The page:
As quantitative analysts our goal is to prove that this approach is reliable and applicable in investment strategy. Therefore the final step consists of merging the Business Cycle model and the Intermarket model as it is shown in figure 5.2 to see how the two models would look when merged.

    Figure 5.2: Business Cycle and the Intermarket model merged

    Based on the above assumptions we have created a timing indicator which we will call Stages Indicator which will signal the stage we are at. We have also run the same exercise which we ran on the Business Cycle as described in the previous pages and tested the performance of Bonds, Stocks and Commodity at each phase of the Intermarket model.

    From the results below (figure 5.3) it seems that the six stage Intermarket model is very similar to the six phase Business model (figure 5.4). In the simulation of the Intermarket model, the trading strategy always consists of buying and selling the 10-year T-Bond, S&P 500 Index, and CRB Index according to timing signals derived from our Stages Indicator.

    Figure 5.3: Annualised performance in Intermarket model and its phases 1900-2017

    Figure 5.3b: S&P composite and Intermarket phase performance 1900-2017

    Figure 5.4: Annualised performance in Business Cycle and its six phases 1900-2017

    Figure 5.4b: S&P composite and Business Cycle phase performance 1900-2017

  • Intermarket Model Since 1900

    In addition we have run three further studies after the original and we have taken into account different trigger signals, but buying the same assets as above (10-year T-Bond, S&P 500 Index, and CRB Index). The trigger signals came from:

    • T-Bonds, S&P Composite, and CRB Spot Raw Materials (which is slightly different from CRB Index);
    • Commercial Paper Yield (inverted), S&P Composite and CRB Index; and
    • T-Bonds Yield (inverted), S&P Composite and CRB Index.

    Although we changed the timing signal component, the study highlighted no significant differences. On average all of them reached the same conclusion:

    • Stage 1 favourable for Bonds and Stocks (high risk for Stocks) – (deflationary)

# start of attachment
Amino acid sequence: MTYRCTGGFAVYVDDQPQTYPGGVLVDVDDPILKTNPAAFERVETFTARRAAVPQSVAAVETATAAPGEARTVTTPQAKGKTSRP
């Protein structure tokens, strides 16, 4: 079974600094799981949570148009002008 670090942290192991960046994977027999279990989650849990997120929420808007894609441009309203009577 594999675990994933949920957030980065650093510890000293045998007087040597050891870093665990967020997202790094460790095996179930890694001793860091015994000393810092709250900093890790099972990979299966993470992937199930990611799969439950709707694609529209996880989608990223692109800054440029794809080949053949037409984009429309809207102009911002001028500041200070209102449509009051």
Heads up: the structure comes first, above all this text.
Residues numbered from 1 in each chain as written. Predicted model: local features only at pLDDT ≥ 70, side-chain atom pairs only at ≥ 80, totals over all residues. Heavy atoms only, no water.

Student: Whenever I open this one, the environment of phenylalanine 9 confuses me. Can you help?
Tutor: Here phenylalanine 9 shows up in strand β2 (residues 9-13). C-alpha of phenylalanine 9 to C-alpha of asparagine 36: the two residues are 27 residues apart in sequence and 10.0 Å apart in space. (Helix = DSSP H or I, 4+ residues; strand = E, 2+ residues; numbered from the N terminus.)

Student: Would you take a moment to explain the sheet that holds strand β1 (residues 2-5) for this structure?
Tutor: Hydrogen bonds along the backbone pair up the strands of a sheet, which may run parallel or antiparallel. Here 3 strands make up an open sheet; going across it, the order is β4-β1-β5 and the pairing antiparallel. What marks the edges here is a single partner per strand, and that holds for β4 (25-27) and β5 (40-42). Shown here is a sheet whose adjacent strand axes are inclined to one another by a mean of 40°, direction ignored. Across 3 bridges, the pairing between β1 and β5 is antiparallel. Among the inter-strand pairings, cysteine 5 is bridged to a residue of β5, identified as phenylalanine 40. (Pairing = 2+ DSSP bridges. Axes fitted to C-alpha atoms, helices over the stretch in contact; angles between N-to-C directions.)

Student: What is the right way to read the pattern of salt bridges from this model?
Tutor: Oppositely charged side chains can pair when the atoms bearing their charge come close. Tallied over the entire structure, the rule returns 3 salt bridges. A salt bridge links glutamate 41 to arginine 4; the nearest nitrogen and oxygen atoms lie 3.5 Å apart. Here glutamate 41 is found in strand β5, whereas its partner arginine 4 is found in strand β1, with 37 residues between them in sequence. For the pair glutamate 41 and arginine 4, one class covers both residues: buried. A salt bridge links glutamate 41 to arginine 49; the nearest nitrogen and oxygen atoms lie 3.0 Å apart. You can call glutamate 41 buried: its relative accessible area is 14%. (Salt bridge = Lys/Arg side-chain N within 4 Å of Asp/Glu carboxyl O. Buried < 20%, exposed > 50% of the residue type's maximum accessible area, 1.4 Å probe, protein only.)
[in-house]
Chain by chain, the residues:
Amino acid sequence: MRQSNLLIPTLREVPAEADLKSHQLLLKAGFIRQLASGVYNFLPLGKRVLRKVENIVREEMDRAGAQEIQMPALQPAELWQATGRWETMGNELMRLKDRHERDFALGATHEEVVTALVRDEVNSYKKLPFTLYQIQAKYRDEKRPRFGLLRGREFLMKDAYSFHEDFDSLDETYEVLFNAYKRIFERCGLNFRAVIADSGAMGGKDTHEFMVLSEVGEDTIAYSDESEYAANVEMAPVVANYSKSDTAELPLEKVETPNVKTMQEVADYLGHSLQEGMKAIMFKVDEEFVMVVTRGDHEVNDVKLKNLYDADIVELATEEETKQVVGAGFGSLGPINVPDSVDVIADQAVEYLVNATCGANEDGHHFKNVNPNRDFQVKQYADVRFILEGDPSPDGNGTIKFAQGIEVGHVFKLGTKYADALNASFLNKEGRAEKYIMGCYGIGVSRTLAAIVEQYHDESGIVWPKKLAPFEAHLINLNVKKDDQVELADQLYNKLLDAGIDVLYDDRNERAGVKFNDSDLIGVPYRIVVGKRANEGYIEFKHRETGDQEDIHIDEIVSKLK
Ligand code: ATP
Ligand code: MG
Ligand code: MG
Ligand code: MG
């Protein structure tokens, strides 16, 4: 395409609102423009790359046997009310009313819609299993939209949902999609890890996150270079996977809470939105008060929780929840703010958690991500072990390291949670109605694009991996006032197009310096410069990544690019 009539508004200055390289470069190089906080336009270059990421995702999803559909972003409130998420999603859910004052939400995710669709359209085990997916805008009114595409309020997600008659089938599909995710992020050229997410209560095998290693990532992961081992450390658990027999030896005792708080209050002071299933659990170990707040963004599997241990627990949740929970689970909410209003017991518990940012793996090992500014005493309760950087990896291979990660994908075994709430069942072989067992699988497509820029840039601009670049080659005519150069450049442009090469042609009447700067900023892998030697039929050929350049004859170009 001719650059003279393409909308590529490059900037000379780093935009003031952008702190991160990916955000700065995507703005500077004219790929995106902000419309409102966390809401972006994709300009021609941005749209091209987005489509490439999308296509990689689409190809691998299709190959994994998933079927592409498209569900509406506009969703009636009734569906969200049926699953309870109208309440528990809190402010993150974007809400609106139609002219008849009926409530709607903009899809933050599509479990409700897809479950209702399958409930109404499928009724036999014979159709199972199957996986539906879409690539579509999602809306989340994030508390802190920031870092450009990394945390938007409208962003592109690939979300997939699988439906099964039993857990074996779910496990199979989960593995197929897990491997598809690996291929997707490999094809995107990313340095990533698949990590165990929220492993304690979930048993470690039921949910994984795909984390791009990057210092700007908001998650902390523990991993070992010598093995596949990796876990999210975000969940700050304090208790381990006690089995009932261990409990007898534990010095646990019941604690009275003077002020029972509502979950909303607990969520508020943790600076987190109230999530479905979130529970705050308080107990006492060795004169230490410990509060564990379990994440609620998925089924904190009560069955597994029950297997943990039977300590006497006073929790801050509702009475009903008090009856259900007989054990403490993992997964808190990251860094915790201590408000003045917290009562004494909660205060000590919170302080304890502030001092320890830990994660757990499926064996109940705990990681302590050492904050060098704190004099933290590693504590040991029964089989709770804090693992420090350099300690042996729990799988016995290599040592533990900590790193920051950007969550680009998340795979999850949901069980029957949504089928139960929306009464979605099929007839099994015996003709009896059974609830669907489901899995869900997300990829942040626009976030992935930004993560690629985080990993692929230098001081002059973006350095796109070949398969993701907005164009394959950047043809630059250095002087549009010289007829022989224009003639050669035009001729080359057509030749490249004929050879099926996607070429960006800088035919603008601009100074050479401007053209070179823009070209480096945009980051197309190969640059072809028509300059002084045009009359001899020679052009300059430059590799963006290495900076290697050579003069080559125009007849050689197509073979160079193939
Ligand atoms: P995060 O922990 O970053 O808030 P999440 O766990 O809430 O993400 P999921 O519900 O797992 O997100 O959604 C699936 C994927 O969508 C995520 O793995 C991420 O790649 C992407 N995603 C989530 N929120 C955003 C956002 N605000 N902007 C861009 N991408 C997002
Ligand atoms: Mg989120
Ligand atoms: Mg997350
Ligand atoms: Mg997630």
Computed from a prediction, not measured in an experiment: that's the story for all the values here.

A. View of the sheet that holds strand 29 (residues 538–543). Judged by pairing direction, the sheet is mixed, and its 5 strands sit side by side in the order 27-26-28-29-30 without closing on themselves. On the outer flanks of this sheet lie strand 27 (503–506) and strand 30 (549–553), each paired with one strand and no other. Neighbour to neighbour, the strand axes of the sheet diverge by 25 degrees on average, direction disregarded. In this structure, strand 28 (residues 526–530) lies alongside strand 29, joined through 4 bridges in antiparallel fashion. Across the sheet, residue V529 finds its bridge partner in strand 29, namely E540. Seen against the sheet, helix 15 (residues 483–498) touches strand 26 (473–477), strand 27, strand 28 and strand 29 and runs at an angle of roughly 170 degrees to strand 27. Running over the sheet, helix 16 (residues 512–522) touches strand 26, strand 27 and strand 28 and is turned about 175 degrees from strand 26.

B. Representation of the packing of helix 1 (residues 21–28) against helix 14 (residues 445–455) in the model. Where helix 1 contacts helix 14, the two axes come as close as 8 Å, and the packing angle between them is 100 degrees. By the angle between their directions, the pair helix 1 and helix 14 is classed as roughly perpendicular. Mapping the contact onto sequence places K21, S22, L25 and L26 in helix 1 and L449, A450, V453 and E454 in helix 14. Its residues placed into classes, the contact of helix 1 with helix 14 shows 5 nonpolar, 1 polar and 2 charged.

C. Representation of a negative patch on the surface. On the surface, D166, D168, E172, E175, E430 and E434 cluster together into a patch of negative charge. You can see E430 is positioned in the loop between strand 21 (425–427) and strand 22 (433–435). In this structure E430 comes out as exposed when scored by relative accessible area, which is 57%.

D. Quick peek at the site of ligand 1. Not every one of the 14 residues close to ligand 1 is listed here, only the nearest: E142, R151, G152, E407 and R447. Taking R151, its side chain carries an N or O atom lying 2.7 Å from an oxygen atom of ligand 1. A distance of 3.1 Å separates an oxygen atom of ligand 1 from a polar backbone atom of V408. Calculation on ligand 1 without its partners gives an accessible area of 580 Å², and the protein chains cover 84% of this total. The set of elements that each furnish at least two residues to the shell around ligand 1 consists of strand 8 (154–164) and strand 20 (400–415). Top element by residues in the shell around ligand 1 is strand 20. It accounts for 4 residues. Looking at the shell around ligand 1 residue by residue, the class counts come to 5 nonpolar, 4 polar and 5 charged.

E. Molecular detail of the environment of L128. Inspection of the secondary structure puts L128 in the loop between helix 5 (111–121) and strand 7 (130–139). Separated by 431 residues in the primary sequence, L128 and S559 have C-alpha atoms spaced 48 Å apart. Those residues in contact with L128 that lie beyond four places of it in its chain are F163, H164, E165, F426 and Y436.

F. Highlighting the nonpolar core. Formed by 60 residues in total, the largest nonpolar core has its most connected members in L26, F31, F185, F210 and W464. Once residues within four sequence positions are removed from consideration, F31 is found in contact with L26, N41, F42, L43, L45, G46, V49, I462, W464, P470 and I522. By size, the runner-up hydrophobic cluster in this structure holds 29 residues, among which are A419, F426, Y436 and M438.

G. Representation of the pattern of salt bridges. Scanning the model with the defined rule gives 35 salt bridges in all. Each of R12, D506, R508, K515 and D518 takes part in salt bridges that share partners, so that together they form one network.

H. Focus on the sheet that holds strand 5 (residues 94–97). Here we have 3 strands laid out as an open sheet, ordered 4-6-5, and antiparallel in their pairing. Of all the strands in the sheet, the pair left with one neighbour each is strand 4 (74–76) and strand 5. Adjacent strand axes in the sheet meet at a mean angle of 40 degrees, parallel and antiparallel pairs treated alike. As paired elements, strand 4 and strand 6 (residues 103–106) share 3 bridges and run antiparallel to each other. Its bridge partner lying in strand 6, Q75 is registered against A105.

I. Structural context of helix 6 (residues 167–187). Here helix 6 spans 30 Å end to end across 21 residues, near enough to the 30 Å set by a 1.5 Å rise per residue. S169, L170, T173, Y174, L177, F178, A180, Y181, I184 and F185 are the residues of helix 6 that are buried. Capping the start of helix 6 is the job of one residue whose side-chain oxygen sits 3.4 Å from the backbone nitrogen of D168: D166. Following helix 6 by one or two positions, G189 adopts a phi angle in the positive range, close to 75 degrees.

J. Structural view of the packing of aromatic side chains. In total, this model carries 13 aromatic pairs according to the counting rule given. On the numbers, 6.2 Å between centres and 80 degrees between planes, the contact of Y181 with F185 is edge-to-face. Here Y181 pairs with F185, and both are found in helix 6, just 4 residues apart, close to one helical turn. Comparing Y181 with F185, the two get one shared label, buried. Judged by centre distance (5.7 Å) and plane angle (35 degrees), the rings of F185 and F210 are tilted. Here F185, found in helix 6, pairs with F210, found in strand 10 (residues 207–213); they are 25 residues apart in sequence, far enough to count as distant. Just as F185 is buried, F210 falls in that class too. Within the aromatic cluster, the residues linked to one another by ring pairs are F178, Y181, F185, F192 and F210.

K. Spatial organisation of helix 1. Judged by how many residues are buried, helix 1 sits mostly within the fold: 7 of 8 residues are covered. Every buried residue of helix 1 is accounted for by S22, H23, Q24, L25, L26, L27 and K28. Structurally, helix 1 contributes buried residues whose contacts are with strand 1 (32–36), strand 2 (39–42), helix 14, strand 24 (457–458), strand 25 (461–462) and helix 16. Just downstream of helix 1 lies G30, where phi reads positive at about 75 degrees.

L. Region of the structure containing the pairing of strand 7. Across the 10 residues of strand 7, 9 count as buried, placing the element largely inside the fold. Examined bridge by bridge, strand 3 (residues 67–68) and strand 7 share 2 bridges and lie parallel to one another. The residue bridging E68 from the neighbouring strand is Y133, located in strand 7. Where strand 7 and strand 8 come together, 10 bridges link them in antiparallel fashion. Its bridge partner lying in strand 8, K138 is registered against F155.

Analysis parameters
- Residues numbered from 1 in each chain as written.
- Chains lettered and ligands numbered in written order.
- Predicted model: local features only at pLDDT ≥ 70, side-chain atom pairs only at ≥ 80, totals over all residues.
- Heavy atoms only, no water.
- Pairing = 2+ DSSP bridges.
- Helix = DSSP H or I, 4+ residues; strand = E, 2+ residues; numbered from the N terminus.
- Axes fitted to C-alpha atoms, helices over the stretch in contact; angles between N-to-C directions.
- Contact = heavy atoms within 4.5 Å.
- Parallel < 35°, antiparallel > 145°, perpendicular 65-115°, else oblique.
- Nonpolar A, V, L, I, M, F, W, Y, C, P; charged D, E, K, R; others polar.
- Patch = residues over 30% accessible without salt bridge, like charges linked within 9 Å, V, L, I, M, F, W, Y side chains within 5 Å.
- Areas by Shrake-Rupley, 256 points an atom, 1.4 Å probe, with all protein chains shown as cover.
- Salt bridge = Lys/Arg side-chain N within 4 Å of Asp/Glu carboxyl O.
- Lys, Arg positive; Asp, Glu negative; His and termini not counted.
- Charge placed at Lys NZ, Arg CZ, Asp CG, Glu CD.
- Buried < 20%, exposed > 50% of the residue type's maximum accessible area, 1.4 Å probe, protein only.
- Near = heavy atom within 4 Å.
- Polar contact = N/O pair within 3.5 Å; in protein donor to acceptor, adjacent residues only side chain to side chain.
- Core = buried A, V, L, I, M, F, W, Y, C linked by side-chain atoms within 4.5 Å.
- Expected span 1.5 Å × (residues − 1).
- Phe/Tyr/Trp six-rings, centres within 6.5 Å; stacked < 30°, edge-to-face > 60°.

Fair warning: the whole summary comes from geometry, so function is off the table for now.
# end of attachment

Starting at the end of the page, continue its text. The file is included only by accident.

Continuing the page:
• Stage 2 favourable for Bonds and Stocks – (deflationary)
    • Stage 3 favourable for Stocks and Commodities – (inflationary)
    • Stage 4 favourable for Stocks and Commodities – (inflationary)
    • Stage 5 favourable only for Commodities – (inflationary)
    • Stage 6 favourable for cash – (deflationary)

    Since 1900

    However, it is worth noting that the research is an average over 117 years and that probably in the 80s we would not have the same result as in the 70s, or in the 50s or 40s. We highlight this because long-term cycles play a very important role in the Intermarket model.

    We have also gone back 117 years (1900-2017) and we have calculated how long the markets have spent in each stage (figure 5.5). Figure 5.5 confirms our theoretical Intermarket approach where markets spend more time in stages 3 & 4 which represent the expansion of the economy, and less time is spent in stages 1 & 6, exactly the stages of the contraction (see Business Cycle section).

    Figure 5.5: Percentage of time spent in each stage from 1900-2017


    To verify the results, we decided to take into account also a longer and shorter period of time.

    Comparing data from 1860, 1900 and 1950 (figure 5.6) gives a better picture of how the markets spent the same percentage of time as the model would suggest. Changing the period of time the music does not change, and the Intermarket principles still hold.

    Figure 5.6: Stage comparison between 1860, 1900 and 1950 to date

    First column of each stage from 1860, second column from 1900, third column from 1950.